The first problem I’ve tried to solve a number of ways, with custom CSS at a blog- and a post- level. I was super happy when I discovered gist, it gave me lovely content highlighting without all the nasty CSS. It’s still not ideal in a blogger world though, as the gist doesn’t appear in your WYSIWYG editor, leading you to all sorts of tricks to try not to accidentally delete it. Also I was too lazy to migrate old code over, so now my blog is a mish-mash of code styles, particular where I changed global CSS mulitple times, leaving old code in a big fat mess. There’s a lesson to be learned there somewhere.

The second problem, photos, I just gave up on. I decided I would end up wasting too much time trying to make the thing look pretty, and I’d never get around to posting anything. So my photos are always dropped randomly into the blogs - it’s better than a whole wall of prose (probably).

But I’ve been happy overall, the main reason being I don’t have to maintain anything, I don’t have to worry about my web server going down, I don’t have versions of a blog platform to maintain, patch, upgrade; I can Just Write.

But last week my boss and my colleague were both on at me to try Hugo, a site generator created by my boss. I was resistent because I do not want to maintain my own blog platform, but then Christian explained how I can write my posts in markdown, use Hugo to generate the content, and then host it github pages. It sounded relatively painless.

I’ve been considering a move to something that supports markdown for a while, for the following reasons:

  1. These days I write at least half of my posts on the plane, so I use TextEdit to write the content, and later paste this into blogger and add formatting. It would be better if I could write markdown to begin with.
  2. Although I’ve always disliked wiki-type syntax for documentation, markdown is actually not despicable, and lets me add simple formatting easily without getting in my way or breaking my flow.

So I spent a few days playing with Hugo to see what it was, how it worked, and whether it was going to help me. I’ve come up with a few observations:

Hugo really is lightning fast. If I add a .md file in the appropriate place, and with the Hugo server running on my local machine it will turn this into real HTML in (almost) less time than it takes for me to refresh the browser on the second monitor. Edits to existing files appear almost instantly, so I can write a post and preview it really easily. It beats the hell out of blogger’s Preview feature, which I always need to use if I’m doing anything other than posting simple prose.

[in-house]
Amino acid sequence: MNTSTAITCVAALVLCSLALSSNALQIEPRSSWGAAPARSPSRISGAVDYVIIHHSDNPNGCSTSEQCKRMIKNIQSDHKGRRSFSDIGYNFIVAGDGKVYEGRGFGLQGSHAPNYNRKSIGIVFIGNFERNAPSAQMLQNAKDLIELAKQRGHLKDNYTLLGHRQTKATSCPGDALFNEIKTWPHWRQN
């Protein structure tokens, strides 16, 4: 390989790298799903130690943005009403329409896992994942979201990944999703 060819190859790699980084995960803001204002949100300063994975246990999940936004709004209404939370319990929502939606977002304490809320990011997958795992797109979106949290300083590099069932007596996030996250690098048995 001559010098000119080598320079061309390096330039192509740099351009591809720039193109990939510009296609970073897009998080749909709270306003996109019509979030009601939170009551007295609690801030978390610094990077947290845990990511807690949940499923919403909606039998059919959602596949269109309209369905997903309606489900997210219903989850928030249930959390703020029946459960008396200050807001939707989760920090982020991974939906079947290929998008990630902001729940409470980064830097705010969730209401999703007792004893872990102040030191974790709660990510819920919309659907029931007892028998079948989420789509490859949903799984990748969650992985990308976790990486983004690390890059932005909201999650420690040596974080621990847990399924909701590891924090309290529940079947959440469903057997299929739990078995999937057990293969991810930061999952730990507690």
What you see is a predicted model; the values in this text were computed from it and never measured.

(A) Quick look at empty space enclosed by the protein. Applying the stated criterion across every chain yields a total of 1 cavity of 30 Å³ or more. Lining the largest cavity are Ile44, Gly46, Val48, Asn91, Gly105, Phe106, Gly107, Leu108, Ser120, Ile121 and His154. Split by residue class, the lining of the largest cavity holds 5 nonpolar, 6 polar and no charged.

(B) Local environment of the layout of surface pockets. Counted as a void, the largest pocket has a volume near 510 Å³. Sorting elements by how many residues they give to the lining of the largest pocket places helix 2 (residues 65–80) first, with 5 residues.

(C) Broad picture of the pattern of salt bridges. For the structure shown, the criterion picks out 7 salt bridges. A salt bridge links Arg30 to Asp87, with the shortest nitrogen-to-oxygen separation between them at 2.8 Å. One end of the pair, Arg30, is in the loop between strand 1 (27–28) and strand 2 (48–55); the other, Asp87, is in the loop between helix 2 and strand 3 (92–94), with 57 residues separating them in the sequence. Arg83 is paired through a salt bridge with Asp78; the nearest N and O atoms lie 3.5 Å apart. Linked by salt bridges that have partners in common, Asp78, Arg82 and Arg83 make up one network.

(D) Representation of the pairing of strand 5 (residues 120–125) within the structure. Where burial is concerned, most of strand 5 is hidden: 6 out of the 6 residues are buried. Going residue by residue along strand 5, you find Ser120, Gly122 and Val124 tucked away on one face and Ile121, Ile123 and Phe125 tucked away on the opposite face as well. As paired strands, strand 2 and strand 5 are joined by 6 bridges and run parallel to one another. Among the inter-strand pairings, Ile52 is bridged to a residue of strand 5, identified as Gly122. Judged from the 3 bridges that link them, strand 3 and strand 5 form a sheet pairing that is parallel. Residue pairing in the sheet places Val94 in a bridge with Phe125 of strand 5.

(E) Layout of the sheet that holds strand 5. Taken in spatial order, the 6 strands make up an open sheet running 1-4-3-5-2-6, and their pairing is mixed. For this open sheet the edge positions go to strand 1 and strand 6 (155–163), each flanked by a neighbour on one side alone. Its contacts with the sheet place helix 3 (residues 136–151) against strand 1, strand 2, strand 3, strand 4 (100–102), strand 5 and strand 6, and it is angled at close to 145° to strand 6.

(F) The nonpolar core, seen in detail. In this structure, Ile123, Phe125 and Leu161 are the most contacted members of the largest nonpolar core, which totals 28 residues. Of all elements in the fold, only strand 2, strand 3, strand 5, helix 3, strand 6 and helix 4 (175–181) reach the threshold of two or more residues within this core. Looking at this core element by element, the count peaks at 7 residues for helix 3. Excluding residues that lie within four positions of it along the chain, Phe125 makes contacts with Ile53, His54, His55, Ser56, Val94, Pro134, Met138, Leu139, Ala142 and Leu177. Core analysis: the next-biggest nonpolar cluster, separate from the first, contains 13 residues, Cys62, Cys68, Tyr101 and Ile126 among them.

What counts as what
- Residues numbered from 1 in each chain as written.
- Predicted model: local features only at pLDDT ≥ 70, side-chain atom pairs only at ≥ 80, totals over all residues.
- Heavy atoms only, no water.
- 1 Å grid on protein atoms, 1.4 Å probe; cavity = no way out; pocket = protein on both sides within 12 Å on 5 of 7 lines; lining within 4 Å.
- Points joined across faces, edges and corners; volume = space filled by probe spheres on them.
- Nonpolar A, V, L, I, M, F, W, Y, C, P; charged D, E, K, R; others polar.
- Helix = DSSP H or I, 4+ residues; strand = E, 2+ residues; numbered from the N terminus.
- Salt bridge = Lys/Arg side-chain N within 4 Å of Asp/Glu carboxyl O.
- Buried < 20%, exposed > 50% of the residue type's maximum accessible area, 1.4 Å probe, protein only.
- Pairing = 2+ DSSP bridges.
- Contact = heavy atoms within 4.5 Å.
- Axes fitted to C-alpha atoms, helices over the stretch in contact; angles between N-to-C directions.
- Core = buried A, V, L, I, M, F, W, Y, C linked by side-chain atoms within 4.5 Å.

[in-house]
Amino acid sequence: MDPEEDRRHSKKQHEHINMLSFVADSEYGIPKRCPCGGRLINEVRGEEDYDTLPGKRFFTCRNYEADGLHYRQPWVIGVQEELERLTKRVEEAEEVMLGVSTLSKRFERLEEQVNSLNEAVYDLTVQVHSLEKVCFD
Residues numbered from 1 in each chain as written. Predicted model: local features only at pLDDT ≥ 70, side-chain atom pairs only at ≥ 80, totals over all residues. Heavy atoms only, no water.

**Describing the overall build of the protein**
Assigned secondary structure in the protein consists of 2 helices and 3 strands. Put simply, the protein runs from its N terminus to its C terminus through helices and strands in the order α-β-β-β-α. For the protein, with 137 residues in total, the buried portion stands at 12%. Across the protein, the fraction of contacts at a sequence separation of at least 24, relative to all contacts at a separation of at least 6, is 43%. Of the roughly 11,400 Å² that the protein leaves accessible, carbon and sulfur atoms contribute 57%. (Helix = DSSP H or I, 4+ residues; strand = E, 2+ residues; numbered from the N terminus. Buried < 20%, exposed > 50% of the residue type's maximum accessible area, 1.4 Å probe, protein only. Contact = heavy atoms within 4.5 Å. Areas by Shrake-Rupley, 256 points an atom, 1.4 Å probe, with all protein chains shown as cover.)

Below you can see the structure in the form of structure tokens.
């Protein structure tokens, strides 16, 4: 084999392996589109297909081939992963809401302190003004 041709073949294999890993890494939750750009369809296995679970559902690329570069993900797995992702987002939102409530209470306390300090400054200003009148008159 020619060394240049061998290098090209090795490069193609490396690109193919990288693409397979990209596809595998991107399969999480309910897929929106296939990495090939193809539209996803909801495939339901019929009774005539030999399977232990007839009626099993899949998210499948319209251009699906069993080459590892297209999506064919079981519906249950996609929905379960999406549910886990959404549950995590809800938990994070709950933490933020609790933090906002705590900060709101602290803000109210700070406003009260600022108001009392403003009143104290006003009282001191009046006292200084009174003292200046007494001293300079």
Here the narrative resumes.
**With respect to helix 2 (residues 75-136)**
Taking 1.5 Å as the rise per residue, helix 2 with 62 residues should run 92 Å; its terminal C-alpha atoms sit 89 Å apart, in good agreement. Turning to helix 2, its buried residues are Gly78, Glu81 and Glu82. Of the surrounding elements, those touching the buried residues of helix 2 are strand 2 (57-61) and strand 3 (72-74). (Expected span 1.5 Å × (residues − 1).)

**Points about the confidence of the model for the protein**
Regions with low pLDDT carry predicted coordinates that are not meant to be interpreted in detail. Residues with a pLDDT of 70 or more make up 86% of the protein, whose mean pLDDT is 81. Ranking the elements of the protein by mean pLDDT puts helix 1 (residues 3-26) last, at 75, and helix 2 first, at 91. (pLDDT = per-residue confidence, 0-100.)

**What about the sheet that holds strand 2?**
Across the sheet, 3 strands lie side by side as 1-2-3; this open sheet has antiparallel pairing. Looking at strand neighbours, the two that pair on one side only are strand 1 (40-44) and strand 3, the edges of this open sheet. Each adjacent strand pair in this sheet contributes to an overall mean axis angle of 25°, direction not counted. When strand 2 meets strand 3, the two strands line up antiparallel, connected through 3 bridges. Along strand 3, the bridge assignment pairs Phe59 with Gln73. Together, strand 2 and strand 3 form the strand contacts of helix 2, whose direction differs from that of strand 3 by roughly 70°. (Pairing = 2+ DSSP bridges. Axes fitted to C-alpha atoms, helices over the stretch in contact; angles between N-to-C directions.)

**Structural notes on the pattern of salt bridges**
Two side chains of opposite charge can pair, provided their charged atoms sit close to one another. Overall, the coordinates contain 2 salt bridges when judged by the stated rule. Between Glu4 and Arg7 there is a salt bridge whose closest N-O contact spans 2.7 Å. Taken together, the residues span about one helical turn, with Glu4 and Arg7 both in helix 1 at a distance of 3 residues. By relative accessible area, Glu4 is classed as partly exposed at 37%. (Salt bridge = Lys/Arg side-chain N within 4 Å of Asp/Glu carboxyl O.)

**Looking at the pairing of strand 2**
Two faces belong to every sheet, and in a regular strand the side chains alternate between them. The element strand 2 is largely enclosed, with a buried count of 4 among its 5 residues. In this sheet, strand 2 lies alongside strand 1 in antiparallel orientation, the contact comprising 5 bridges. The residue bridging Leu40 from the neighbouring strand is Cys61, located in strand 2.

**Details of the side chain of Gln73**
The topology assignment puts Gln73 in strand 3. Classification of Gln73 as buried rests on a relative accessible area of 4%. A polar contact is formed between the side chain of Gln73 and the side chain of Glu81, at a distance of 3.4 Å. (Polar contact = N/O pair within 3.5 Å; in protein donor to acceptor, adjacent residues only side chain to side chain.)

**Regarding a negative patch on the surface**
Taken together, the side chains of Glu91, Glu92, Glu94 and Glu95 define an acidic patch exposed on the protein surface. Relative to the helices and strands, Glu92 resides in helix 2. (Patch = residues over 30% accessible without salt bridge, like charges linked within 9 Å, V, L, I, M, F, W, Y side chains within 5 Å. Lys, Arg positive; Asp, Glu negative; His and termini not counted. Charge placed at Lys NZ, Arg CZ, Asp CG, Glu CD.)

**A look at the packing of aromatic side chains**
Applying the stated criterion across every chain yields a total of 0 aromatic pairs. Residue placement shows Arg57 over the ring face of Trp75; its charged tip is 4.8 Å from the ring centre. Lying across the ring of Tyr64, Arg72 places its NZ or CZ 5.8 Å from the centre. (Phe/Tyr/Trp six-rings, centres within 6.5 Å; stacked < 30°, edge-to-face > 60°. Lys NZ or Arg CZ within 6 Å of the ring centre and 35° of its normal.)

It’s awesome to type my blog in IntelliJ. Do you find yourself trying to use IntelliJ shortcuts in other editors? The two I miss the most when I’m not in IntelliJ are Cmd+Y to delete a line, and Ctrl+Shift+J to bring the next line up. Writing markdown in IntelliJ with my usual shortcuts (and the markdown plugin) is really easy and productive. Plus, of course, you get IntelliJ’s ability to paste from any item in the clipboard history. And I don’t have to worry about those random intervals when blogger tells me it hasn’t saved my content, and I have no idea if I will just lose hours of work.

I now own my own content. It never really occurred to me before that all the effort I’ve put into three years of regular blogging is out there, on some Google servers somewhere, and I don’t have a copy of that material. That’s dumb, that doesn’t reflect how seriously I take my writing. Now I have that content here, on my laptop, and it’s also backed up in Github, both as raw markdown and as generated HTML, and versioned. Massive massive win.

I have more control over how things are rendered, and I can customise the display much more. This has drawbacks though too, as it’s exactly this freedom-to-play that I worry will distract me from actual writing.

As with every project that’s worth trying, it wasn’t completely without pain. I followed the (surprisingly excellent) documentation, as well as these guidelines, but I did run into some fiddly bits:

  1. I couldn’t quite get my head around the difference between my Hugo project code and my actual site content to begin with: how to put them into source control and how to get my site on github pages. I’ve ended up with two projects on github, even though the generated code is technically a subtree of the Hugo project. I think I’m happy with that.
  2. I’m not really sure about the difference between tags, keywords, and topics, if I’m honest. Maybe this is something I’ll grow into.
  3. I really need to spend some time on the layout and design, I don’t want to simply rip off Steve’s original layout. Plus there are things I would like to have on the main page which are missing.
  4. I needed to convert my old content to the new format
  5. Final migration from old to new (incomplete)

To address the last point first, I’m not sure yet if I will take the plunge and do full redirection from Blogger to the new github pages site (and redirect my domains too), for a while I’m going to run both in parallel and see how I feel.

As for the fourth point, I didn’t find a tool for migrating Blogger blogs into markdown that didn’t require me to install some other tool or language, and there was nothing that was specifically Hugo-shaped, so I surprised myself and did what every programmer would - I wrote my own. Surprising because I’m not normally that sort of person - I like to use tools that other people have written, I like things that Just Work, I spend all my time coding for my job so I can’t be bothered to devote extra time to it. But my recent experiences with Groovy had convinced me that I could write a simple Groovy parser that would take my exported blog (in Atom XML format) and turn it into a series of markdown files. And I was right, I could. So I’ve created a new github project, atom-to-hugo. It’s very rough, but a) it works and b) it even has tests. And documentation.